Perhaps these dreams are simply the product of my overactive imagination and the fact that I have always been a vivid dreamer. Maybe it’s just a coping mechanism that allows me to escape from reality for a couple of hours. But I can’t help but think that there might be a connection between her strong presence in my dreams and a conversation between me and Mom that I hold very close to my heart, for many reasons. During the last few weeks of her life, when it became apparent that we were losing the battle, my mom spoke with me and my brother individually to tell us that she was probably going to die. Our conversation is obviously engraved in my memory and there are many things that she said to me from which I often draw strength and encouragement. At one point during the conversation, as we were lamenting over all the things that we would miss out on together, she said something to the effect of “I hope I can come down from wherever I am and watch you sleep; maybe I’ll be able to tickle your toes. That’s how you’ll know I’m there, you’ll wake up toes first.” I remember we both mustered a giggle at the thought of this despite the somber circumstance. As silly as it sounded, I held on to this image of my mom’s spirit lingering at the end of my bed simply as a way of being a little more positive about the situation and I still use it today as a comforting thought. Sometimes, on the mornings when I wake up from dreaming of her and I’m in that state in between sleep and wakefulness, I still try to wake myself up starting with my toes, letting the alertness of being awake move up my body from there until I open my eyes.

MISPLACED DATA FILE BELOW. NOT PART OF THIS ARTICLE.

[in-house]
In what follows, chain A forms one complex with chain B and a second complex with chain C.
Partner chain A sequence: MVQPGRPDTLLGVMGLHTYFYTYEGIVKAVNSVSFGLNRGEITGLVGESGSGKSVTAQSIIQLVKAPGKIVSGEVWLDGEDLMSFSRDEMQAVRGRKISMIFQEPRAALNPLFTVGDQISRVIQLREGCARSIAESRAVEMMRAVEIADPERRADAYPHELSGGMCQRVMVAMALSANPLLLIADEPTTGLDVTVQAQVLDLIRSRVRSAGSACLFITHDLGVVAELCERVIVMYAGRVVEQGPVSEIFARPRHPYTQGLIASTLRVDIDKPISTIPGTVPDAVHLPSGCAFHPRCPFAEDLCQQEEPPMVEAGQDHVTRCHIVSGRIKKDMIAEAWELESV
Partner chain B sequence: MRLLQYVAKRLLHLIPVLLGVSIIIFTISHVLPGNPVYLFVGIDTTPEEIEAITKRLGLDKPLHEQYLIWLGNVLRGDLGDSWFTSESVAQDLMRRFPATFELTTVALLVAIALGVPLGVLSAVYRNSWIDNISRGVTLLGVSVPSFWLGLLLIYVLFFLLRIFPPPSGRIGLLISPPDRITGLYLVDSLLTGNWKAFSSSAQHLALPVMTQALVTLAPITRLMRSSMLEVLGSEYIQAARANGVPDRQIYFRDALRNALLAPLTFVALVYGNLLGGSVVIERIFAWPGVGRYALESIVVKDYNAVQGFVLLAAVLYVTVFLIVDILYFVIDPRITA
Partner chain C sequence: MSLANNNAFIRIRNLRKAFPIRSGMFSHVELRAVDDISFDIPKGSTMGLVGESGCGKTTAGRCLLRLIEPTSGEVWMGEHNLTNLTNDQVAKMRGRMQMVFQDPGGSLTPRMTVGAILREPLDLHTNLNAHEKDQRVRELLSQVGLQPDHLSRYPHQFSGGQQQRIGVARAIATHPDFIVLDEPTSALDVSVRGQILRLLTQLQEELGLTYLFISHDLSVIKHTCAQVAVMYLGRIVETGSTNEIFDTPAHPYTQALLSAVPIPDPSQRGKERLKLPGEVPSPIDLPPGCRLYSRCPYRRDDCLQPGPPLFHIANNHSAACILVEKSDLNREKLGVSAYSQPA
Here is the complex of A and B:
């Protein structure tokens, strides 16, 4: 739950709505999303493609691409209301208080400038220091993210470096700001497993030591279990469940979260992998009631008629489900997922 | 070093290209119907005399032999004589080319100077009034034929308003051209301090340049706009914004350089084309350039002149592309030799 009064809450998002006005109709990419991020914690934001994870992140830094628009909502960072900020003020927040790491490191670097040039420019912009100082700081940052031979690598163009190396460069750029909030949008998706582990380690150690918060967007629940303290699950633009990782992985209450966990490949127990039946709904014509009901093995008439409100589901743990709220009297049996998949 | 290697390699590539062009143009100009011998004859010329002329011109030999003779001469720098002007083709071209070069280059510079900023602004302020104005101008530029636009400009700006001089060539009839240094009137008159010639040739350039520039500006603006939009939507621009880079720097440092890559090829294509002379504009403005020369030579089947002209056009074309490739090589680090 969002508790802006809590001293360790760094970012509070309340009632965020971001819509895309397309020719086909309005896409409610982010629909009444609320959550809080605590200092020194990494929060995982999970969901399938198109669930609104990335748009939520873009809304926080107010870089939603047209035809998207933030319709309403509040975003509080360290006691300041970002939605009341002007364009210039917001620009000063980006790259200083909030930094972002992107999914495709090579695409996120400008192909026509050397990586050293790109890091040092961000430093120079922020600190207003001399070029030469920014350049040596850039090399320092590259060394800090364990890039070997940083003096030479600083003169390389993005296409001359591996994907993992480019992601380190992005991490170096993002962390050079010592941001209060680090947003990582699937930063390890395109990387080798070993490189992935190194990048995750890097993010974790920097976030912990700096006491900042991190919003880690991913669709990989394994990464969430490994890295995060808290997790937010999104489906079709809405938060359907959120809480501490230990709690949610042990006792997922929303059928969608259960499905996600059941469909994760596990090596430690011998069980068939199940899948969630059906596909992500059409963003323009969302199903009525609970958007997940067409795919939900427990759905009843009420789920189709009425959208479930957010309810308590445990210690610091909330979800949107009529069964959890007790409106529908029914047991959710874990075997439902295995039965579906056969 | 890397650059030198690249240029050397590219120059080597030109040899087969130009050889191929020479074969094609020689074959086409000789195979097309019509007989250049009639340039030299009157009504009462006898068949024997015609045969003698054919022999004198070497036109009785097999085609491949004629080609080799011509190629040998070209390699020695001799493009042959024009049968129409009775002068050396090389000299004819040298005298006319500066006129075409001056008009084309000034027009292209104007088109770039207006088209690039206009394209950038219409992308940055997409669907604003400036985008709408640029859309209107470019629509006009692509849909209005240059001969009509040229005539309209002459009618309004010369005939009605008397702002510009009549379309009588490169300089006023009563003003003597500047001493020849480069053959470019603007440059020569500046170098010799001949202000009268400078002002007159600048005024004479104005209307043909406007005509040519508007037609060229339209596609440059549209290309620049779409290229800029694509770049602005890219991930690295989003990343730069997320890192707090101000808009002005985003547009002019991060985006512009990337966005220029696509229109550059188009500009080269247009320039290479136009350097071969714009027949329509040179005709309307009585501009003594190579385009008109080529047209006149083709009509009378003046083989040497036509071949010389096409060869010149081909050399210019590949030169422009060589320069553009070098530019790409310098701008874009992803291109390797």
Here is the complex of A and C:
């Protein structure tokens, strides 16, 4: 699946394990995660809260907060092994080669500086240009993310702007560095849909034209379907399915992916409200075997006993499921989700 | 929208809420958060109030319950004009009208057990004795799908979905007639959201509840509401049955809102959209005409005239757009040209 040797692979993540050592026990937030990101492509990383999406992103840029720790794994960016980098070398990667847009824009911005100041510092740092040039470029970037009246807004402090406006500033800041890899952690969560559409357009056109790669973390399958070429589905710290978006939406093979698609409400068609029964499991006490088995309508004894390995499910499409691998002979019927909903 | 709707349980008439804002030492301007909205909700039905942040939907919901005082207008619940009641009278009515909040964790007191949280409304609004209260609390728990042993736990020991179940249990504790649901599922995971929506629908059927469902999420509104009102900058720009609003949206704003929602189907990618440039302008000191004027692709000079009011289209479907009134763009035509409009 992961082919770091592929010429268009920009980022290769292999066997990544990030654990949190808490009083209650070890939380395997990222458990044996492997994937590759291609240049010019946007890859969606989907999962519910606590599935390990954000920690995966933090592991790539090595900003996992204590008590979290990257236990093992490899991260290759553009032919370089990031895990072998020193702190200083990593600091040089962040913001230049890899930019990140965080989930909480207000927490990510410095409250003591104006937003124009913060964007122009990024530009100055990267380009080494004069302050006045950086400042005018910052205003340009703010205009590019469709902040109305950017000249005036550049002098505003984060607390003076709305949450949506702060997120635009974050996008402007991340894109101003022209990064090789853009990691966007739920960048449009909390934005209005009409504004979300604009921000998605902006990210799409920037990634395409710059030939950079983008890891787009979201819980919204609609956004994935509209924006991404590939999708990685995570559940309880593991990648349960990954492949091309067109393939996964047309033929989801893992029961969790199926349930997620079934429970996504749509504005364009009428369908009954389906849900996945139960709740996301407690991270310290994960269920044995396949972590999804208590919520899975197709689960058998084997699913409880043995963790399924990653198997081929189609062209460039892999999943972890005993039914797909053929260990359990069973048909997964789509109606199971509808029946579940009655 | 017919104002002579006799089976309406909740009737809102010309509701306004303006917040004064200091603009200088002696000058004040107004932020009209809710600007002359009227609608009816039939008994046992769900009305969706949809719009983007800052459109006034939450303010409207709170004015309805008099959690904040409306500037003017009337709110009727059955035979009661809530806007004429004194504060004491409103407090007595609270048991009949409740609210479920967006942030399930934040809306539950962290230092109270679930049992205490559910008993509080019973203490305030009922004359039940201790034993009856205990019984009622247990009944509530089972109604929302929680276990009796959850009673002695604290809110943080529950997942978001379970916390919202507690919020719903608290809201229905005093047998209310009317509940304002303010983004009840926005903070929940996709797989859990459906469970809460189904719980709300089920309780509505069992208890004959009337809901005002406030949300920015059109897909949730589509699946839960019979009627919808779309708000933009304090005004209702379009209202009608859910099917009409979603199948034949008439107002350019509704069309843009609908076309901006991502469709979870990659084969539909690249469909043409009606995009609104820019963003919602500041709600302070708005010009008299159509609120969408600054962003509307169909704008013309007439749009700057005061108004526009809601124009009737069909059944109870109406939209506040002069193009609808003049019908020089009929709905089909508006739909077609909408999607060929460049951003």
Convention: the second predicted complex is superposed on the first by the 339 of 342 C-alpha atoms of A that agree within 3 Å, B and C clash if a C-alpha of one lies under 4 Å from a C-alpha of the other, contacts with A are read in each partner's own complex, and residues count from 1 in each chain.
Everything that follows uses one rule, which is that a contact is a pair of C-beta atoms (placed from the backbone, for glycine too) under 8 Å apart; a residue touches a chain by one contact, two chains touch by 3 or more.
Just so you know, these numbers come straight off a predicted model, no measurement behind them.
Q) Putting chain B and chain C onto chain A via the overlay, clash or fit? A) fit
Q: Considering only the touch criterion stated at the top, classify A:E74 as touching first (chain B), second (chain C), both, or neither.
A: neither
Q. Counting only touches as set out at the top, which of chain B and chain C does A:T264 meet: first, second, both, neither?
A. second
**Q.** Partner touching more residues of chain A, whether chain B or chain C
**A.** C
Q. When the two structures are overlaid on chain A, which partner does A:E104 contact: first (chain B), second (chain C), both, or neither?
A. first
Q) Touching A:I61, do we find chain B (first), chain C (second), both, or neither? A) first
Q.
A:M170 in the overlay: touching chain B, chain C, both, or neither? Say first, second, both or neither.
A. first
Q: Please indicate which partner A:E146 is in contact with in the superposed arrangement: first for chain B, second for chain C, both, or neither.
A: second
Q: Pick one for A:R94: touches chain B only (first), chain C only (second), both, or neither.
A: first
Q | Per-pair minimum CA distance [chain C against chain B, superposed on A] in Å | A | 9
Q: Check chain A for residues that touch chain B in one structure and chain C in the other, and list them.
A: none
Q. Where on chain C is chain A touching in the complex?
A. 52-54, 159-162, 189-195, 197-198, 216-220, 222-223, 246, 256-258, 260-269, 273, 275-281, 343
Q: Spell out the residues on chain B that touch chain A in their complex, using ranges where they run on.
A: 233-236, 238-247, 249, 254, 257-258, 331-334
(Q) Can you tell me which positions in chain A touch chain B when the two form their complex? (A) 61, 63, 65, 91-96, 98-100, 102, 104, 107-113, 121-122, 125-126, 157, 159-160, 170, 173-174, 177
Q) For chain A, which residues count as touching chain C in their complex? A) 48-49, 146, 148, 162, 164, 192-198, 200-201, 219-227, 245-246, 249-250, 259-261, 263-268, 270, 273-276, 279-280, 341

In talking to other people who have lost parents or other loved ones, I know that I am lucky to experience these encounters with Mom. An older relative of mine who lost her mom when she was young has told me that in the fifty years since, she has never once dreamed of her. No matter how hard she would try to fall asleep while thinking of her mother, she never appeared in her dreams. While it’s not always easy to wake up with your head in another world, usually a more ideal one, I can’t imagine not being able to live out these imaginary scenes with Mom at all. There have been times when she has come in my dreams right when I needed a calming presence in the midst of life’s stresses. Her first appearance occurred about five months after she had passed away. For whatever reason, I was having a particularly bad night and I cried for four hours straight. When I finally fell asleep around five in the morning, I dreamed that someone was repeatedly braiding and unbraiding my hair. All I could see in the dream was the top of my head and the hands that were working through my hair, but I knew they were Mom’s. She just kept braiding my hair, like she did when I was a kid, and then taking it apart and starting over. I never saw her face but I knew it was her, and I woke up feeling eerily calm after a horrible night. After that night, my grief seemed to change into a river that ebbs and flows instead of a storm that never lets up. Another time she visited me in my dreams every night during my final exams one semester; I woke up every morning feeling at peace from the self-doubt and pressure that exams often trigger. I never know when she’s going to visit but I hope I’ll keep meeting her in this dream world for the rest of my life.

Already watching over me, November 1992.
November 1992, 10 days old. Already watching over me.

5 thoughts on “Dreams

  1. Hi… I have been searching off and on for quite a while for info on this painting! It caught my eye when I was visiting back in 2007, but the only image I have is very blurry from an older Fuji digital camera. Thank you for posting this! I hope I am closer to identifying the work now that I better know the subject…